Minerva Josephine Chapman (American: 1858 – 1947): Self Portrait, graphite drawing; 1896; pencil signed. Chapman’s deftly rendered self portrait captures intensity and life in a tiny window. In the shadows, the pencil has been pressed firmly into the paper, creating an almost three dimensional, sculpted surface out of which her face begins to emerge.
Jose Luis Cuevas(Mexican/American: born 1934) Borgia – from “Crimes by Cuevas” portfolio, color lithograph; 1968; pencil signed. A surreal portrait, distorted and unflattering in Cuevas’ classic manner, depicting two members of Italy’s most notorious Renaissance family, the Borgias: Lucrezia and Cesare.
Honore Daumier (French: 1808 – 1897): Gros, Gras et… Constitutionnel, lithograph; 1833. Daumier’s talent for summing up political and social strife with caricatured, humorous commentary is illustrated perfectly in this lithograph. The King and the conservative newspaper “Le Constitutionnel” are one and the same, says the image, and have no outlook on the fate of France.
Fritz Eichenberg (American: 1901- 1990): Rembrandt – from the portfolio “Homage”, woodengraving; 1984; pencil signed. Eichenberg wonderfully depicts one of his favorite inspirations, Rembrandt, both through his own interpretation and, in the background, using Rembrandt’s own self-portraits.
Franz Geritz (American: 1895 – 1945): Hamlin Garland, lithograph; 1933; pencil signed. Geritz did many smaller, more graphically executed woodcut portraits. This lithograph, of poet, author, and essayist Garland, better illustrates his understanding of nuance, in the fluidity of the lines and shadows.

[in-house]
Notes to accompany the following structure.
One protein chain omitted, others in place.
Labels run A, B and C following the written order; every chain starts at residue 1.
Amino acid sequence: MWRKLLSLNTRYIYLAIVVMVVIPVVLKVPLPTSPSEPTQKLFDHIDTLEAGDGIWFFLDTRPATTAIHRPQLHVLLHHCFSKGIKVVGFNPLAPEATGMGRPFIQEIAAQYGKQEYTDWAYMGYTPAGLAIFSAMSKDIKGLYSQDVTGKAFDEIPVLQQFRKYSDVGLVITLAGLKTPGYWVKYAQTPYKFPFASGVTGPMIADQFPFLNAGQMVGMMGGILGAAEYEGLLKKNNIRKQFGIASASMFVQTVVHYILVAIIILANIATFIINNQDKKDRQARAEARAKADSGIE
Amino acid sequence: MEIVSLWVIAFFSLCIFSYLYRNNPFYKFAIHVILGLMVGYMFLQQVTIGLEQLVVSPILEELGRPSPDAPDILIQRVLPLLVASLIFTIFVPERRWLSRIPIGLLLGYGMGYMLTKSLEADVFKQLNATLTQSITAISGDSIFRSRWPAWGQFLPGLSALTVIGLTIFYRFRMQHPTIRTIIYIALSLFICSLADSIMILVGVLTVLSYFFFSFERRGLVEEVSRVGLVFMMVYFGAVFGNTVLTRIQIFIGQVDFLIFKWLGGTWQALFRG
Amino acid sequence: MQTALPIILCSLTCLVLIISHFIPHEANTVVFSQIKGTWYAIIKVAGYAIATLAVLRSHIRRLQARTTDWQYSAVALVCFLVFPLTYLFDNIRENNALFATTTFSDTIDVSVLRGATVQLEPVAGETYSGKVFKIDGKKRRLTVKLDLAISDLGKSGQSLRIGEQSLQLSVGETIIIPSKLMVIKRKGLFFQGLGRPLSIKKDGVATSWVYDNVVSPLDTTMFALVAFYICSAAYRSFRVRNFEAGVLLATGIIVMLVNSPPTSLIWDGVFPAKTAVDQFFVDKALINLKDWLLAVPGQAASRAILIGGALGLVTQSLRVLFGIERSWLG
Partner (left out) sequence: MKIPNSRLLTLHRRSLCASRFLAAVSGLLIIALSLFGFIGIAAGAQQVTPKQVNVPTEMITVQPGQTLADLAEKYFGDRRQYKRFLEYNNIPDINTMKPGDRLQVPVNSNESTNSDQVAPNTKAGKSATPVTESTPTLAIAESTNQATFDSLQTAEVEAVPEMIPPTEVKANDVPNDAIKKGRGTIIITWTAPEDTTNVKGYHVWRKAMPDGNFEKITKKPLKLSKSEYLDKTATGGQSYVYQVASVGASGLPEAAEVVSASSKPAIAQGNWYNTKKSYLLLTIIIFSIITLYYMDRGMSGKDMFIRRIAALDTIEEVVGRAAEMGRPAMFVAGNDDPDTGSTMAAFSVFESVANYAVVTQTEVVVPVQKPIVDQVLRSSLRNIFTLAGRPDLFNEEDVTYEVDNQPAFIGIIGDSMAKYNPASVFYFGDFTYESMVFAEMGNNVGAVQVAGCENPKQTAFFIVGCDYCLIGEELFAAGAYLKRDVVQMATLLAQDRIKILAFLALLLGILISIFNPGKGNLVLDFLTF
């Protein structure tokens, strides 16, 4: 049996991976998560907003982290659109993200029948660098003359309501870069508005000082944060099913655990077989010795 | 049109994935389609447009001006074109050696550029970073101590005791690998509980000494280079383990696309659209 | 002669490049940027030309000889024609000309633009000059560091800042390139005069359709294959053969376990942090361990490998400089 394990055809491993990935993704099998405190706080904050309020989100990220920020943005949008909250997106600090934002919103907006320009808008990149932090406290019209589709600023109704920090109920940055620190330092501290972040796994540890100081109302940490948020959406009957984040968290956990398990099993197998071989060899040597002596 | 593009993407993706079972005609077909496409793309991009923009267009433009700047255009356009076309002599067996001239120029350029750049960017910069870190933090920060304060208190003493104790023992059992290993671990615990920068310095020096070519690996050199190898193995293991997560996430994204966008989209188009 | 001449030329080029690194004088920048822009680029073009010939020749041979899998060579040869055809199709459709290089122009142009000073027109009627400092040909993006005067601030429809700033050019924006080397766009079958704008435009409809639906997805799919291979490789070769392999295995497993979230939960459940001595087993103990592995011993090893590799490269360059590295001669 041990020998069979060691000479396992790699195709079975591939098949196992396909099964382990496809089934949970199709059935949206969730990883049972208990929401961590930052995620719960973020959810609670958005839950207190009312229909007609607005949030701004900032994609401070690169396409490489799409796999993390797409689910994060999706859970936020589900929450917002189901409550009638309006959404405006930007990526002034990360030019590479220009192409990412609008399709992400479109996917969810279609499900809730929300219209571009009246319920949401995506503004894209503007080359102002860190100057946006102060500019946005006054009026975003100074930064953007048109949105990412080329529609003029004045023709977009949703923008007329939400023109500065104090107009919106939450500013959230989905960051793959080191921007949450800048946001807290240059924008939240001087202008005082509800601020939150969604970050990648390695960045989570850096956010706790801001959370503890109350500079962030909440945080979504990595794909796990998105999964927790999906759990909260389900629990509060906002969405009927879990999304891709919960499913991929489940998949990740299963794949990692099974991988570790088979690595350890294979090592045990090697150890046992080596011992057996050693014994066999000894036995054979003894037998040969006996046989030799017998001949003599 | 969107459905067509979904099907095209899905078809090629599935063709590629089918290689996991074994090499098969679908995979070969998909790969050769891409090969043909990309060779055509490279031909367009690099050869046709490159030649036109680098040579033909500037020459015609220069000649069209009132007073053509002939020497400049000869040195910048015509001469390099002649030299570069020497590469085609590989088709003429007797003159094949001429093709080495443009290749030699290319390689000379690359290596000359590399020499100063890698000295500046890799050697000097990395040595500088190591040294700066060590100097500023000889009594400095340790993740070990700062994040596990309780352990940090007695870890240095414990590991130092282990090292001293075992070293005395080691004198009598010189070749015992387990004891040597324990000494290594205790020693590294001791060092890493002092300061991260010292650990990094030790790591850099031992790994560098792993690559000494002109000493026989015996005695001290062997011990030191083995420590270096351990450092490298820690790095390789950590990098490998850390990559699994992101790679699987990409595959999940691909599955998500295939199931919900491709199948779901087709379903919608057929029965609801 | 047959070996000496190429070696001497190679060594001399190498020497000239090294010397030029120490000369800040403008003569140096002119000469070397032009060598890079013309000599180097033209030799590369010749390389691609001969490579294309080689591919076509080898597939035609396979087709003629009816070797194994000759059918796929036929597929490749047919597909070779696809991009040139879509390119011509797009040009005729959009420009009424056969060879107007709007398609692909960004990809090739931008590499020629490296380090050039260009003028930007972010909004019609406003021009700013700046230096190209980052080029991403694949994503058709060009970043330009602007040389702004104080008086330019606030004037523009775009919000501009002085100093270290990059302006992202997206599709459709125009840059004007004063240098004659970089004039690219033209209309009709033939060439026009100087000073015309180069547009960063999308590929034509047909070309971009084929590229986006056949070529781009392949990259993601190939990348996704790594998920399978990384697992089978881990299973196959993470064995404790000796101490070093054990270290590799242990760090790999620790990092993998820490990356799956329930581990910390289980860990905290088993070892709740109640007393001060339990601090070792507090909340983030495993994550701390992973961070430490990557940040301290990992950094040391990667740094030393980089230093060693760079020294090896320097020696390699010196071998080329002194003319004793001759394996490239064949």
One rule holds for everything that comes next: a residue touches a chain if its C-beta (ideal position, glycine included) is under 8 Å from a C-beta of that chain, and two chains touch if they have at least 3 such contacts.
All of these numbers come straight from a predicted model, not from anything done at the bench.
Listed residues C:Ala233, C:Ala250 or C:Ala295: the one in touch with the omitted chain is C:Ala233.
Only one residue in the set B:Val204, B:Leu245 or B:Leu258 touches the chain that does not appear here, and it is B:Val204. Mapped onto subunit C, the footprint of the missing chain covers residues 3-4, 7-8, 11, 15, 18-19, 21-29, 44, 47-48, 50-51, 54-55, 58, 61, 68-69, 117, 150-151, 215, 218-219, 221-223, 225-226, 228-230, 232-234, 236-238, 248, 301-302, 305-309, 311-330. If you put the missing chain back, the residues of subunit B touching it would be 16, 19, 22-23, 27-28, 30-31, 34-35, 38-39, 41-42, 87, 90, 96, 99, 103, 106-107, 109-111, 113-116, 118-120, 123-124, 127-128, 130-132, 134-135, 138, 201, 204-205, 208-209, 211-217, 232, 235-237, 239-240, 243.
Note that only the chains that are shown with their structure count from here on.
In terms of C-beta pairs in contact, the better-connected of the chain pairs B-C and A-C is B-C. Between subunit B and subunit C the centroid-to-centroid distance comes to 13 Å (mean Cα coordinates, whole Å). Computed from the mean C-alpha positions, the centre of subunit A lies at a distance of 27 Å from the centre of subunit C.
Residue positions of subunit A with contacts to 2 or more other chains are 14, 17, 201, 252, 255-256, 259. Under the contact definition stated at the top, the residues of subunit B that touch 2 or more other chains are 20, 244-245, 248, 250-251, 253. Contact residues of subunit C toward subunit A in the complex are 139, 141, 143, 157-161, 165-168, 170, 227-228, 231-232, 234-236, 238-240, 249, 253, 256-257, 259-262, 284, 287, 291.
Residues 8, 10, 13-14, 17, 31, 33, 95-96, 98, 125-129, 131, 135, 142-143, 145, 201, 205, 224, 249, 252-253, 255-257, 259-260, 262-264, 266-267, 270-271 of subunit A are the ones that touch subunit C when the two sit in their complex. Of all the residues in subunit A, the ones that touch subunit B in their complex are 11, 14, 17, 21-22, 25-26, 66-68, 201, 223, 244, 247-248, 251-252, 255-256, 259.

Jean Gigoux (French: 1806 – 1894): Tony et Alfred Johannot, Lithographies d’apres nature par Gigoux, lithograph; 1832; signed in the stone. A dual portrait of the brothers Johannot, illustrators and collaborators, for publication in the weekly arts and literature review “L’Artiste.”
Max Klinger (German: 1857 – 1920) Selbstbildnis mit Brille (Self-Portrait with Glasses), lithograph; 1909; pencil signed. Klinger’s penchant for Symbolism isn’t evident in this literal, elegant view of the self, but his deft use of texture to convey depth and shape remains as lovely as in his larger, more complex works.
Kathë Kollwitz (German 1867 – 1945): Selbstbildnis (self-portrait), etching and transfer; 1912; pencil signed by the artist and the printer, Otto Felsing. Kollwitz’s unapologetically dark imagery, ethereal and lovely, is illustrated in this penetrating self portrait.
Mauricio Lasansky (Argentinian/American: 1887 – 1985): Portrait of an Artist, color engraving and etching with soft ground, drypoint & electric stippler printed from 3 plates; 1961; pencil signed. Lasansky’s arresting self-portrait is simple in its composition, belying the intricate execution that marked Lasansky’s love of experimentation.